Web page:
The East Med Energy Report, 15 November 2021

The East Med Energy Report is published by Middle East Strategic Perspectives in collaboration with Obeid & Medawar Law Firm.

Download PDF version.

Exxon to resume drilling in Cyprus amid rising tensions

ExxonMobil is scheduled to drill an appraisal well at its Glaucus gas discovery in Block 10 by the end of this month or early December at the latest. Back in February 2019, ExxonMobil and partner Qatar Petroleum (now QatarEnergy) announced a discovery following the drilling of the Glaucus-1 well, with an estimated 5-8 tcf of natural gas (142-227 bcm). The appraisal drilling will bring a clearer picture of the reservoir’s resource potential. Though it is still early to talk about monetization, Cypriot Energy Minister Natasa Pilides said that transferring the gas by pipeline to Egypt’s LNG plants is currently the “most likely option”.

The resumption of offshore activity in Cyprus after a halt is already being met with Turkish and Turkish Cypriot opposition. The halt was largely due to the impact of the Covid-19 pandemic on exploration budgets, but it also served to wind down the tensions that flared during the 2018-2020 period. Since none of the root causes of the crisis have been addressed, the resumption of offshore activity in Cyprus will stir up tensions again and could potentially lead to direct confrontations.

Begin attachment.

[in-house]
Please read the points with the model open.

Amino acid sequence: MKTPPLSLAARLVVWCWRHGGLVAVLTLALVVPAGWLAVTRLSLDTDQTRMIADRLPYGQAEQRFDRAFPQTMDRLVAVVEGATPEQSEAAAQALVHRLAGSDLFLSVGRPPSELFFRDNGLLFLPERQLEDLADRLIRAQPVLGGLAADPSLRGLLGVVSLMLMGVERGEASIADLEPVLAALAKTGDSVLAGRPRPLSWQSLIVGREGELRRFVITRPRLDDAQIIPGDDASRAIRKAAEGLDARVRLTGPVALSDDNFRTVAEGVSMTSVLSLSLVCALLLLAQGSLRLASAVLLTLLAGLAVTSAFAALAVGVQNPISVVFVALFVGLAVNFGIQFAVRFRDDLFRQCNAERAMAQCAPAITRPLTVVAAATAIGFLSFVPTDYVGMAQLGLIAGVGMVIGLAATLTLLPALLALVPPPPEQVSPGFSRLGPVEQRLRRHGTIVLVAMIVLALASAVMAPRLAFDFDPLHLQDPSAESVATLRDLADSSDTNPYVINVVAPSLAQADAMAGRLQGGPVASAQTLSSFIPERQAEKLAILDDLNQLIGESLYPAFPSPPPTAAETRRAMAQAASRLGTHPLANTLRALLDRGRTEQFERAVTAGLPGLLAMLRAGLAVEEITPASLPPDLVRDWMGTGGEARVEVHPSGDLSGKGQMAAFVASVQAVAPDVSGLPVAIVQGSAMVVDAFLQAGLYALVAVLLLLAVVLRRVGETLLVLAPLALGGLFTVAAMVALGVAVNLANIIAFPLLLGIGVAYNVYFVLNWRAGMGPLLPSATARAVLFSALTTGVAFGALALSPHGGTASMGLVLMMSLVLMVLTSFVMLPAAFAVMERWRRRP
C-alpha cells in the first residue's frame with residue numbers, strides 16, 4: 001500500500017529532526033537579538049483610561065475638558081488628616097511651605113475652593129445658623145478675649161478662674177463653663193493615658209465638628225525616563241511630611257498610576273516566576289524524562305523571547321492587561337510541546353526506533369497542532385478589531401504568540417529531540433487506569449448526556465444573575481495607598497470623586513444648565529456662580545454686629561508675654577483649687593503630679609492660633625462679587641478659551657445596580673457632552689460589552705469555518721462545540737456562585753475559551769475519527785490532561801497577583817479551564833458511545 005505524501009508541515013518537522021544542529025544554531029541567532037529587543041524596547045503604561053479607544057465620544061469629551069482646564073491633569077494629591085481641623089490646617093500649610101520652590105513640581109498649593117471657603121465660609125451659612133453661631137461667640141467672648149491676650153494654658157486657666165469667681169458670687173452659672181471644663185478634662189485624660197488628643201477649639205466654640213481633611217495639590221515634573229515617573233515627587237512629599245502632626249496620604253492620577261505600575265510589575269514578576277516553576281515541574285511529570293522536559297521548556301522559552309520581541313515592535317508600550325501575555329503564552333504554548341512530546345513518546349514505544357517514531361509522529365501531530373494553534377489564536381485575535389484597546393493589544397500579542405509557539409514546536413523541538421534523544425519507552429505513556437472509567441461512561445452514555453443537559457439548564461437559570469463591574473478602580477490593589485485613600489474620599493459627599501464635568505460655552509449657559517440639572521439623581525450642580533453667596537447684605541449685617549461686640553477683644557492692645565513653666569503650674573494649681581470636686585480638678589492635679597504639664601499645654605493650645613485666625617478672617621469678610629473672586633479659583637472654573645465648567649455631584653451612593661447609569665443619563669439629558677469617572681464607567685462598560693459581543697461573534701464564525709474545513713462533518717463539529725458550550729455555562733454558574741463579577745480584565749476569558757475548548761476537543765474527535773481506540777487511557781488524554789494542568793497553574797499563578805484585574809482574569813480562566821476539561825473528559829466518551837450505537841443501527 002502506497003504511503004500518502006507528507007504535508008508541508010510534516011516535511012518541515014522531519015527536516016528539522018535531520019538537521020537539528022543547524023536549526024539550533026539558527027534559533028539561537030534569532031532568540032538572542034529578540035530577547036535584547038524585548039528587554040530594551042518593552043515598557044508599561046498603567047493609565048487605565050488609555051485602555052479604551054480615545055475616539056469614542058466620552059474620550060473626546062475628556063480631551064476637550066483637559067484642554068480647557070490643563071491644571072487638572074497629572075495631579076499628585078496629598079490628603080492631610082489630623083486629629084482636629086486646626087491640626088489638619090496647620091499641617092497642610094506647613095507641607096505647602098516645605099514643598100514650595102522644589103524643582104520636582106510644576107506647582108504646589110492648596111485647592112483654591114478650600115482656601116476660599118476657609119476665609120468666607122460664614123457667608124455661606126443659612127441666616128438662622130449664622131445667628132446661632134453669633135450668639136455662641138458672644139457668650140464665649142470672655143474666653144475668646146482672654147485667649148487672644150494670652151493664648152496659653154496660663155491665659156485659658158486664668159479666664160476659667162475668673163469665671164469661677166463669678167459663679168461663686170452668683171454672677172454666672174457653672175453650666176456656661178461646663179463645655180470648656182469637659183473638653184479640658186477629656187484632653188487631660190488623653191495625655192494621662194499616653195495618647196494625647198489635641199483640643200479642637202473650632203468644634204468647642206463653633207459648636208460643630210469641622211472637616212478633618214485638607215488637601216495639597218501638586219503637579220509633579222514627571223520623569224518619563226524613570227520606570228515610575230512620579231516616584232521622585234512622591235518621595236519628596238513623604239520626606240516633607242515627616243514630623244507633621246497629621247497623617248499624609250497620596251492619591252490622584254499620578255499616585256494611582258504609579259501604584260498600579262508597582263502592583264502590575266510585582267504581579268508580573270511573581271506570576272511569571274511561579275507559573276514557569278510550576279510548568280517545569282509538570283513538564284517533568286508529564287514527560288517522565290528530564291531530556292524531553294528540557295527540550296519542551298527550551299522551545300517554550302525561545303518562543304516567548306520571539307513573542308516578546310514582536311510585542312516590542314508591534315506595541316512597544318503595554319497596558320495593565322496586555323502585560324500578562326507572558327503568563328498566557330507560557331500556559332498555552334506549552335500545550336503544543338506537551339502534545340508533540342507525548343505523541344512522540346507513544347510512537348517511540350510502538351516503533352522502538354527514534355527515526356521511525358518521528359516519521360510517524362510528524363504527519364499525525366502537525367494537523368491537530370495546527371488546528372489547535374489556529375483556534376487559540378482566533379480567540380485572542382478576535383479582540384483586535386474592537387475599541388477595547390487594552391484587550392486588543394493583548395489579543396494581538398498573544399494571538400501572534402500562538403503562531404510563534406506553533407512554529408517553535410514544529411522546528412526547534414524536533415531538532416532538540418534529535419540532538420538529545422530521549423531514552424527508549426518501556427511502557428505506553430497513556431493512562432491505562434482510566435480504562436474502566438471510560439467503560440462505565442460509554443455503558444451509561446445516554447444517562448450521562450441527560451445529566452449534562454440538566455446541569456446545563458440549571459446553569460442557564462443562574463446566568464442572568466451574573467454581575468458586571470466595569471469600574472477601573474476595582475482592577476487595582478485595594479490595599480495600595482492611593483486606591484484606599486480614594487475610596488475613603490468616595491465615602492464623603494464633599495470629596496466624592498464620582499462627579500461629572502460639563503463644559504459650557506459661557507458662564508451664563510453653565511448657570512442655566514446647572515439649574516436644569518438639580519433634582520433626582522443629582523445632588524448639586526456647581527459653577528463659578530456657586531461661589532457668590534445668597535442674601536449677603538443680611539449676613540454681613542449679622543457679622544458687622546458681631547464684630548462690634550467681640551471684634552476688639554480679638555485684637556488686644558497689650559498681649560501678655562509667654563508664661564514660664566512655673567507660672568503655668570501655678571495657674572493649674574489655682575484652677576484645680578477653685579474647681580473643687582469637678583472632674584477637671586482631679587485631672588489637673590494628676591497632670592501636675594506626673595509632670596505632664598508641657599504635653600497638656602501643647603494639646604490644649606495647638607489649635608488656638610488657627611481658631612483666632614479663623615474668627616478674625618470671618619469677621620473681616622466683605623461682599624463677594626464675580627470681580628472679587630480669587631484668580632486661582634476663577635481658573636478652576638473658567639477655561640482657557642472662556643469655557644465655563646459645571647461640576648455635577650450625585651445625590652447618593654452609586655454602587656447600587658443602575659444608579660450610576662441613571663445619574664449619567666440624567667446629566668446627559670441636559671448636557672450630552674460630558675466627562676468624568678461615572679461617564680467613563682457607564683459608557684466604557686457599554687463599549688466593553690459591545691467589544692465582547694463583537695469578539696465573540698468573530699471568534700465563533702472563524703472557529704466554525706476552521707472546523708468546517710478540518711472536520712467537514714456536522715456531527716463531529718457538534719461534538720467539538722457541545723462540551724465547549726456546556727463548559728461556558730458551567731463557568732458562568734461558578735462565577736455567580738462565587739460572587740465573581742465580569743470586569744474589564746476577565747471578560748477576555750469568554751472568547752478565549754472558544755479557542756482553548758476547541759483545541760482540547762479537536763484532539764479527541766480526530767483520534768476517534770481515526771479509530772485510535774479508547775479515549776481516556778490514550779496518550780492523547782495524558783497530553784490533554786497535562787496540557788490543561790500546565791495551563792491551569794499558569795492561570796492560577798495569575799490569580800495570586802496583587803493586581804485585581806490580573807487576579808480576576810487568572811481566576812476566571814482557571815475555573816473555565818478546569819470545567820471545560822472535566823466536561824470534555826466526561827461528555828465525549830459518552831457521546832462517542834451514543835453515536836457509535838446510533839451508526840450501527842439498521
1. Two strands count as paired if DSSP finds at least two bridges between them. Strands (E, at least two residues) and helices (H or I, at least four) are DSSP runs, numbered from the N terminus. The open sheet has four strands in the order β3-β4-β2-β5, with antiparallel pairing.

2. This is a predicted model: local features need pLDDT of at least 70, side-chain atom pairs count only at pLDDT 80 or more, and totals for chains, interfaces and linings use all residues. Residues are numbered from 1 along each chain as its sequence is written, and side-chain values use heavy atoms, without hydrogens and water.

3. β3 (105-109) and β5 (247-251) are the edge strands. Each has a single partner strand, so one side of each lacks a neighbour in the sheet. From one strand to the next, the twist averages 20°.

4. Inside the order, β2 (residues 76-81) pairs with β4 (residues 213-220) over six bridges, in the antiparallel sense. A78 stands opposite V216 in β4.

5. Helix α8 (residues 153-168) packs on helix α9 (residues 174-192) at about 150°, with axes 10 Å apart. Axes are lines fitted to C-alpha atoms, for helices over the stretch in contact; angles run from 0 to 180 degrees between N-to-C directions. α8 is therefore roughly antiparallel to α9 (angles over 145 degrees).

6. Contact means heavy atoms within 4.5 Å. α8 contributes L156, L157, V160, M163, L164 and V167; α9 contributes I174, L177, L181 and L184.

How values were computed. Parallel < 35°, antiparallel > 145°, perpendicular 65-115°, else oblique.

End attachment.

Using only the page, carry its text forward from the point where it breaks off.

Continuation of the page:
In early October, Nautical Geo, a vessel carrying out research for the EastMed pipeline project in an area between Cyprus and the Greek island of Crete was sent away by the Turkish navy for violating what Ankara perceives as its continental shelf.

Later in the month, the foreign ministry of the breakaway state of Northern Cyprus has released a statement strongly opposing the vessel’s planned activities south of the island of Cyprus in an area which, it says, overlaps with its licensed blocks.